Contacts: Ray Marcano, SPJ president, 937/225-2323 or firstname.lastname@example.org; Ian Marquand, SPJ Freedom of Information Committee chairman, 406/542-4400 or email@example.com
INDIANAPOLIS — Major League Baseball should immediately halt all attempts to place restrictions on journalists covering its games, says the Society of Professional Journalists.
The league is trying to limit how often journalists can transmit information and send out photographs while the game is still in progress. Major League Baseball also wants to prevent news organizations from using photos taken at a game for promotional materials or for other uses.
"This is an outrageous attempt to control how a free press does its job," said Ray Marcano, SPJ president and an assistant managing editor at the Dayton (Ohio) Daily News. "These restrictions have wide-ranging implications, from the ability of news organizations to update their Web sites in a timely manner to offer the most up-to-date information to its readers. And, these restrictions are a slap at the First Amendment."
Baseball season opened April 1. Sports editors across the nation are refusing to sign a Major League Baseball reporter credential, contending that the sport is trying to impose restrictions on covering games and to control content in the news media.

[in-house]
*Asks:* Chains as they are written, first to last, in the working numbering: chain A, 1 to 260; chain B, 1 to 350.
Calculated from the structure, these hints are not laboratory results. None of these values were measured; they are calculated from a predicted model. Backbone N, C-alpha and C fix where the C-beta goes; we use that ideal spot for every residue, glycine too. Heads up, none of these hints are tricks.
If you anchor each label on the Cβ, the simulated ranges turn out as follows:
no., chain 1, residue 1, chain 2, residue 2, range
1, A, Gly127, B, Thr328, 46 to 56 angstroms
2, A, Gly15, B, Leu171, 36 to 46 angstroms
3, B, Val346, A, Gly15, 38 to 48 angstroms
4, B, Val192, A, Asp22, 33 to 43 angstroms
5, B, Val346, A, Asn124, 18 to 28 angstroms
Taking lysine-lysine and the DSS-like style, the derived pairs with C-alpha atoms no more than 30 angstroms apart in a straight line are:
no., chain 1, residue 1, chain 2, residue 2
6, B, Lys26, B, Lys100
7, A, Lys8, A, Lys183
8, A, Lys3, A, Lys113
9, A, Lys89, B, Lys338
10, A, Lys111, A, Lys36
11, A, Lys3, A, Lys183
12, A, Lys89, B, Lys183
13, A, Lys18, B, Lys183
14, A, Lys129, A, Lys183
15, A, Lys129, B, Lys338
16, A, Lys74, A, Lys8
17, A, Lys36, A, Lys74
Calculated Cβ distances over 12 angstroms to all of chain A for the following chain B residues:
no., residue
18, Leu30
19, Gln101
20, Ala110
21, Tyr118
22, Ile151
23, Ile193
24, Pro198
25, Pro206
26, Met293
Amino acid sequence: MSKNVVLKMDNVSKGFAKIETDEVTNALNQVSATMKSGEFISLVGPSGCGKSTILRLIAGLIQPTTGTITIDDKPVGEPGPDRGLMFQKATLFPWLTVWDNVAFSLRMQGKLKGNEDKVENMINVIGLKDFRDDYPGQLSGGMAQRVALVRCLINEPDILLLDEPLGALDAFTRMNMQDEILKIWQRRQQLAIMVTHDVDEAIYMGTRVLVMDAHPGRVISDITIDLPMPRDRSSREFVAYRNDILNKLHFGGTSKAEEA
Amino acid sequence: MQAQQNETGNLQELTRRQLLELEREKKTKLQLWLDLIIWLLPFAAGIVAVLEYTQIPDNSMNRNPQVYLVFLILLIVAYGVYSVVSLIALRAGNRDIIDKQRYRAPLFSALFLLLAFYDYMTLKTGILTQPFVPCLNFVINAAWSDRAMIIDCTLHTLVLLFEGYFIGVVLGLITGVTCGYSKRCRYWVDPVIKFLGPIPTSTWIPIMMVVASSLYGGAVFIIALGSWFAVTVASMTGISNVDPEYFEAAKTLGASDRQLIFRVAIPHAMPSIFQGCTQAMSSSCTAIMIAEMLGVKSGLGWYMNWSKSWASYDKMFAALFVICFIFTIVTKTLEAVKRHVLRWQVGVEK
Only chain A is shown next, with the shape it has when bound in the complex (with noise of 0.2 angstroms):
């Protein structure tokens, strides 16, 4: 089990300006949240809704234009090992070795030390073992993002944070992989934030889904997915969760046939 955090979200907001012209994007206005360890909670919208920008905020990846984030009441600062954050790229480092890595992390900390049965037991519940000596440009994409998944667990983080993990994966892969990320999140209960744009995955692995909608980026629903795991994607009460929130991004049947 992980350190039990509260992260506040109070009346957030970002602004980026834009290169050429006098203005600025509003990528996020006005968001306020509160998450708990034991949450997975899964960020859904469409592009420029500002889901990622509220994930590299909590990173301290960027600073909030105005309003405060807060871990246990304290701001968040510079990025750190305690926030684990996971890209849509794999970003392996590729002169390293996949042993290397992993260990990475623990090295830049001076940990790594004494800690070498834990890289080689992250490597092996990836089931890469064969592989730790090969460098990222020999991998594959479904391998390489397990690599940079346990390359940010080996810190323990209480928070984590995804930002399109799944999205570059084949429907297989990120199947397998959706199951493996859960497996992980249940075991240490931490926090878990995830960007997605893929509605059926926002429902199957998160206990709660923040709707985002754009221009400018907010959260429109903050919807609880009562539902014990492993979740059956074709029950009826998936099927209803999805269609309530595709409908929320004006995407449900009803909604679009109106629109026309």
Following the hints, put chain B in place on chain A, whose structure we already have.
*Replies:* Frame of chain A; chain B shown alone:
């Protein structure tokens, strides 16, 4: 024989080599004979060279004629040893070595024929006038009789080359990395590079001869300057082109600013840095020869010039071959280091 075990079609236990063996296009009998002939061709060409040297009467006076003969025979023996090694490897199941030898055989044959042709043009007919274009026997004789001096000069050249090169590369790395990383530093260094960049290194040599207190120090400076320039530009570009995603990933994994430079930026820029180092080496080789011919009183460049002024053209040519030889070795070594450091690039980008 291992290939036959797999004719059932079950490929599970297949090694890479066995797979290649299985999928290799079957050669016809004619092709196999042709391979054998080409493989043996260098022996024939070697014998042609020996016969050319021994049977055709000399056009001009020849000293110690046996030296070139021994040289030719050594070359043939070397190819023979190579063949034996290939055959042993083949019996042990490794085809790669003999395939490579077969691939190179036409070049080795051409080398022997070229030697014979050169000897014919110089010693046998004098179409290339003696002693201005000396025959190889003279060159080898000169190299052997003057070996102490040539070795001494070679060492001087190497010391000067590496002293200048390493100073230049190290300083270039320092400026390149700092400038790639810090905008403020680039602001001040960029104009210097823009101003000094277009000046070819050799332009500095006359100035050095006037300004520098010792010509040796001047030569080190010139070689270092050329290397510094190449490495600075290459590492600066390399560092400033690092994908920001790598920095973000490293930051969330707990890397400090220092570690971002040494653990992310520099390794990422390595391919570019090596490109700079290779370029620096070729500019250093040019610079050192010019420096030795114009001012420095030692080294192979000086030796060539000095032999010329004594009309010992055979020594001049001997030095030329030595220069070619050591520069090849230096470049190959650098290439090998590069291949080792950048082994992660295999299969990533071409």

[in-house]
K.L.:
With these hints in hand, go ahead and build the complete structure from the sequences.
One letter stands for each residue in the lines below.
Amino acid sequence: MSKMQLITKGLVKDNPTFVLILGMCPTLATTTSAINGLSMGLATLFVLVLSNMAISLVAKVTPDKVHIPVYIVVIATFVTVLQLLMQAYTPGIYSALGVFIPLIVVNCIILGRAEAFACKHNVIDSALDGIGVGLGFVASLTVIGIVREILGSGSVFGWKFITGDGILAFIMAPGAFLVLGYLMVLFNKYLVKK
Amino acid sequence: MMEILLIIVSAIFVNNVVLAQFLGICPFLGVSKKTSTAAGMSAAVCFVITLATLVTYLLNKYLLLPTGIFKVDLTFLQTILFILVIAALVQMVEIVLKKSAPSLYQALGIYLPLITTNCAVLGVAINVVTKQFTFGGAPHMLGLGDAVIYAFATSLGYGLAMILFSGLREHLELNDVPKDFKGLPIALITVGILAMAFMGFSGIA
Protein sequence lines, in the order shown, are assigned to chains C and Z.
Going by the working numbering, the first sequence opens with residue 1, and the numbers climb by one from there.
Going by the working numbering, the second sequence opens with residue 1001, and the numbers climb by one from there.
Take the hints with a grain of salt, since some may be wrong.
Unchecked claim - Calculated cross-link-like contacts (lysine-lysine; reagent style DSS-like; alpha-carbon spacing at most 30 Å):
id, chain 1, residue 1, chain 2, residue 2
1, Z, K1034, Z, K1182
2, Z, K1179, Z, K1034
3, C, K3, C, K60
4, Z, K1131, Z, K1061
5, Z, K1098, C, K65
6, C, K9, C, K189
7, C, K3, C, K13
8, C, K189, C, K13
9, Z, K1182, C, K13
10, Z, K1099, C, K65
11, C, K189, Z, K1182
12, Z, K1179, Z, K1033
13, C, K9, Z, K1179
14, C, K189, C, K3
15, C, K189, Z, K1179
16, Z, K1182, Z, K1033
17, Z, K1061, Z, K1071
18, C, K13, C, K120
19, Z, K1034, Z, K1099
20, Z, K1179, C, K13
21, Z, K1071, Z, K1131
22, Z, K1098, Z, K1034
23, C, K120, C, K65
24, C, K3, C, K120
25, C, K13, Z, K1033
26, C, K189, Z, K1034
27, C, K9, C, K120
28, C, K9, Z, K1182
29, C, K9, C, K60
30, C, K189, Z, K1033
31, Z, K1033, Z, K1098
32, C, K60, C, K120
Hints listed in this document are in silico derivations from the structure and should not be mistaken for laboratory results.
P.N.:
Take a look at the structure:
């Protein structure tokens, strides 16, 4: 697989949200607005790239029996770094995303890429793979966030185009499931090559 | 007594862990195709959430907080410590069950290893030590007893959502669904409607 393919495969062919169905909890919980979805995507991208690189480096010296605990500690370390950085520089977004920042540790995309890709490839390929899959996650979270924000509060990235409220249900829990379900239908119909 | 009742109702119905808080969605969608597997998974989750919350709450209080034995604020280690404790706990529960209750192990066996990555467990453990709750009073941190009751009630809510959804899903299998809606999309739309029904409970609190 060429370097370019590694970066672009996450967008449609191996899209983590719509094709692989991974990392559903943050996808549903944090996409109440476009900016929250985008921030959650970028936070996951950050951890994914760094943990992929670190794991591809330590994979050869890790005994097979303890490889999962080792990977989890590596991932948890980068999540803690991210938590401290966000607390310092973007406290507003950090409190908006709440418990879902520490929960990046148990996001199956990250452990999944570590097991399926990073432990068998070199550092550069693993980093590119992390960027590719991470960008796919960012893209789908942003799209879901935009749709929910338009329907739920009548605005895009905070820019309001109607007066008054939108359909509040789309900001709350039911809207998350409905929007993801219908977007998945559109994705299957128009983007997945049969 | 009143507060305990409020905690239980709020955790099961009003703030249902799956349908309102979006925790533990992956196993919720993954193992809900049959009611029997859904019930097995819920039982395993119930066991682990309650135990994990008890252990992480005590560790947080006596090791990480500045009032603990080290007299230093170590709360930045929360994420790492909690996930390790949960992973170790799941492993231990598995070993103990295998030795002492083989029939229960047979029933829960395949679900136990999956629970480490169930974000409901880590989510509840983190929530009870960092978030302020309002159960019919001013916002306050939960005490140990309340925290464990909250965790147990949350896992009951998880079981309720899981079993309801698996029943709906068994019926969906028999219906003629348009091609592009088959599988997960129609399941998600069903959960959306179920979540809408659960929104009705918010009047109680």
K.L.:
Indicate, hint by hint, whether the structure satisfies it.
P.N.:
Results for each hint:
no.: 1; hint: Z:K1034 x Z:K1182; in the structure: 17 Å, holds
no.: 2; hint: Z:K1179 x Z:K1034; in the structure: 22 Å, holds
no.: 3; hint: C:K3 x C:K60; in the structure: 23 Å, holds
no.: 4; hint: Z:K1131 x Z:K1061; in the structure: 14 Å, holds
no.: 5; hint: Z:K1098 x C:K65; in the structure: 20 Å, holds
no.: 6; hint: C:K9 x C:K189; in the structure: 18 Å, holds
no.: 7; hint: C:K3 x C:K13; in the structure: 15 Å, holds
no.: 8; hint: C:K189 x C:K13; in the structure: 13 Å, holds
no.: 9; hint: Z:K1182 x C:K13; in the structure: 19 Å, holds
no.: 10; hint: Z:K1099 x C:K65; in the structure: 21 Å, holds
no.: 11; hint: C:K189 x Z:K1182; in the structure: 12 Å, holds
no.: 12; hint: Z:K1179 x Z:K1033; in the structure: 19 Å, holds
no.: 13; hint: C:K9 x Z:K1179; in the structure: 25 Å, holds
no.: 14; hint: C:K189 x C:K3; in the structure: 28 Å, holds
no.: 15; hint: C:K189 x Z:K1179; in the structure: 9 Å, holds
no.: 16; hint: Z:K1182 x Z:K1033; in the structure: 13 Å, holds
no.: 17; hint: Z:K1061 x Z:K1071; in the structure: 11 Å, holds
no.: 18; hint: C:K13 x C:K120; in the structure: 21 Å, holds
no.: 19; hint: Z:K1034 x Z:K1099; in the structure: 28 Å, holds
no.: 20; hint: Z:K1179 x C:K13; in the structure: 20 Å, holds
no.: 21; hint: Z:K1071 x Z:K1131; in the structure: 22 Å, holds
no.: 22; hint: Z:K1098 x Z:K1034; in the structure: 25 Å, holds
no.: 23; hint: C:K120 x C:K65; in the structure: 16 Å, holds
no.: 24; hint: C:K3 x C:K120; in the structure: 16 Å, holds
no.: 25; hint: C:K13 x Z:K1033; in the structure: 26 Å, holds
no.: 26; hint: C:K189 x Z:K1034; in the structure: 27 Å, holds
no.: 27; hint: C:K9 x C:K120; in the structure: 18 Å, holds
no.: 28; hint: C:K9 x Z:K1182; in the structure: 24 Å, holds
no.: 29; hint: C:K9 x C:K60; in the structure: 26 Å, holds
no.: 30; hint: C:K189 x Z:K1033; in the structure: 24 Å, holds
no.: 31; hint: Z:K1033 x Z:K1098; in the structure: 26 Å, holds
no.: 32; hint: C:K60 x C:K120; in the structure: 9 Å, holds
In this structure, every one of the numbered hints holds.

Sports reporters are using temporary game passes to cover the games until lawyers for Major League Baseball and several news organizations can reach an agreement on credential language.
"In recent years, we have seen repeated efforts in major sports to exercise tighter control over their ‘product.’ This comes at a time when journalism and media are diversifying and expanding," said Ian Marquand, SPJ Freedom of Information chairman and special projects editor for KPAX TV in Montana. "Let’s remember that Major League Baseball has benefited from every expansion of coverage in the last century. To put the clamps on now, in the information age, would be a mistake."
Baseball’s proposed coverage restrictions are the latest in a series of attempts by sports organizations to control what information reporters are allowed to gather and transmit at sporting events. The May issue of Quill, the official magazine of SPJ, will further investigate this issue.